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January 17, 2022

Blue-green algae alert downgraded at Bray Park Weir

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The blue-green algae alert at Bray Park Weir has been downgraded. Photo supplied.

The recent rainfall has helped downgrade blue-green algae alerts across the region.

Bray Park Weir has now been downgraded from amber to green which means that while blue-green algae is still present in small quantities ‘At these densities, the blue-green algae do not pose a threat to recreational, stock or domestic use’ according to Water NSW.

‘Algae levels have decreased, however without additional rain there may be further blue-green algae blooms in the coming months,’ said the manager water and wastewater operations at Tweed Shire Council Brie Jowett.

‘Treated water from the Tweed reticulated supply will continue to be safe to drink as our water treatment process removes algae and potential toxins, alongside taste and odour compounds.’

Testing raw water at Bray Park Weir will continue and Council will adjust its treatment processes as required to meet the Australian Drinking Water Guidelines.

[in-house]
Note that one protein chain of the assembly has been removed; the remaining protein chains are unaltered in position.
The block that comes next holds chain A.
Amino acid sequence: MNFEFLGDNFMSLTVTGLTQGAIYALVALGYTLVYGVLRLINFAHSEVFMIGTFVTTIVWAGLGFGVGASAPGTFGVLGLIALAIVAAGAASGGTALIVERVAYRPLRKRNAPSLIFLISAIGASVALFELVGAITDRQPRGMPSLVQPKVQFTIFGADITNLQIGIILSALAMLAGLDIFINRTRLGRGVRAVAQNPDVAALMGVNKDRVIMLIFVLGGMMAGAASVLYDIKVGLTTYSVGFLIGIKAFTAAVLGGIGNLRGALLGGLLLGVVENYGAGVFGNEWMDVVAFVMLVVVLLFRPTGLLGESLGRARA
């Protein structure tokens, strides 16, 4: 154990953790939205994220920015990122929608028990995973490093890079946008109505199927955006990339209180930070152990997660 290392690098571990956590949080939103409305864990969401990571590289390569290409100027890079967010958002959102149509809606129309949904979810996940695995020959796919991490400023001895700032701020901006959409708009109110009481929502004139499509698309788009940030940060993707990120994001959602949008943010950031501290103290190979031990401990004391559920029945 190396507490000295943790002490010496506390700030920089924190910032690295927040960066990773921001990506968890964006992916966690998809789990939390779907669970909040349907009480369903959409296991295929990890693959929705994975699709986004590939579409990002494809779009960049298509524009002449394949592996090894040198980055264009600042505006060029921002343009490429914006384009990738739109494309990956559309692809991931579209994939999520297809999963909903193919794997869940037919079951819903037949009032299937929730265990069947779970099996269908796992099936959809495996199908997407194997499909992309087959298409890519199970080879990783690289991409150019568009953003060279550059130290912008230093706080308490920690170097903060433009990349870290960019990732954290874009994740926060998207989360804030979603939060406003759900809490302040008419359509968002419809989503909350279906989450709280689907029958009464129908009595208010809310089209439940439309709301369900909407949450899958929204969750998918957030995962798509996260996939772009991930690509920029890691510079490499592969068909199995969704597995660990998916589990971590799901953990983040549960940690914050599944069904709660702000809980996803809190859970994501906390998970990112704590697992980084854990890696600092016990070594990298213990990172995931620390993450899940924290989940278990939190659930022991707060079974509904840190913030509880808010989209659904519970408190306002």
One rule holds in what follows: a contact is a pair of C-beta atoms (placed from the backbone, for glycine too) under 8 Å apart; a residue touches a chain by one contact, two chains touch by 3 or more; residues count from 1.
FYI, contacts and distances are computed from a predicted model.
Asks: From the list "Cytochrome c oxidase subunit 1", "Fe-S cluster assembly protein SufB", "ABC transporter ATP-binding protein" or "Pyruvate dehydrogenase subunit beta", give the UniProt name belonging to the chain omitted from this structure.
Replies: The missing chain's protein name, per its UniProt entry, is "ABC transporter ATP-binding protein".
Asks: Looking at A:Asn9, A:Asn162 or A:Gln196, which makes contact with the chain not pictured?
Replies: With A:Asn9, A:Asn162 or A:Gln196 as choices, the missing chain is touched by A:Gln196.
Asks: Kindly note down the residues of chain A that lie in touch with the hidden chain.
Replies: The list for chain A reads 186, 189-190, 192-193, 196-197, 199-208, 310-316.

The public is advised to remain cautious about recreational use at the weir and signs alerting people to the presence of blue-green algae remain at the public access points to the river near Bray Park, including Byangum Bridge.

Blue green algae. Photo Mark Sadowski/Flickr

Meanwhile, the blue-green algae alert at Clarrie Hall Dam remains at green.

‘As the species of algae identified has the gene capable of producing toxins we are keeping the signs advising recreational users of the dam to stay away from the water,’ Mrs Jowett said.

‘This is a precautionary approach as there is no evidence that the algae species has produced toxins at this stage.’

Warning signs at the dam wall and Crams Farm will stay in place advising that algae may be present and for recreational kayakers and fishers to avoid contact with the water.

Clarrie Hall Dam, the Uki pool where raw water is drawn for Uki village and Tyalgum Weir pool are also being tested weekly.

Blue-green algae occur naturally and can reproduce quickly in favourable conditions where there is still or slow-flowing water, abundant sunlight and sufficient levels of nutrients.

Water affected by blue-green algae appears to have a green paint-like scum on the water, near the edges, or greenish clumps throughout the water.

Lake Ainsworth remains free of any blue-green algae at this stage.

Anyone who thinks they may have been in contact with blue-green algal water is advised to seek medical advice if symptoms appear.

For the latest, visit Council’s website tweed.nsw.gov.au/WaterAndWastewater .


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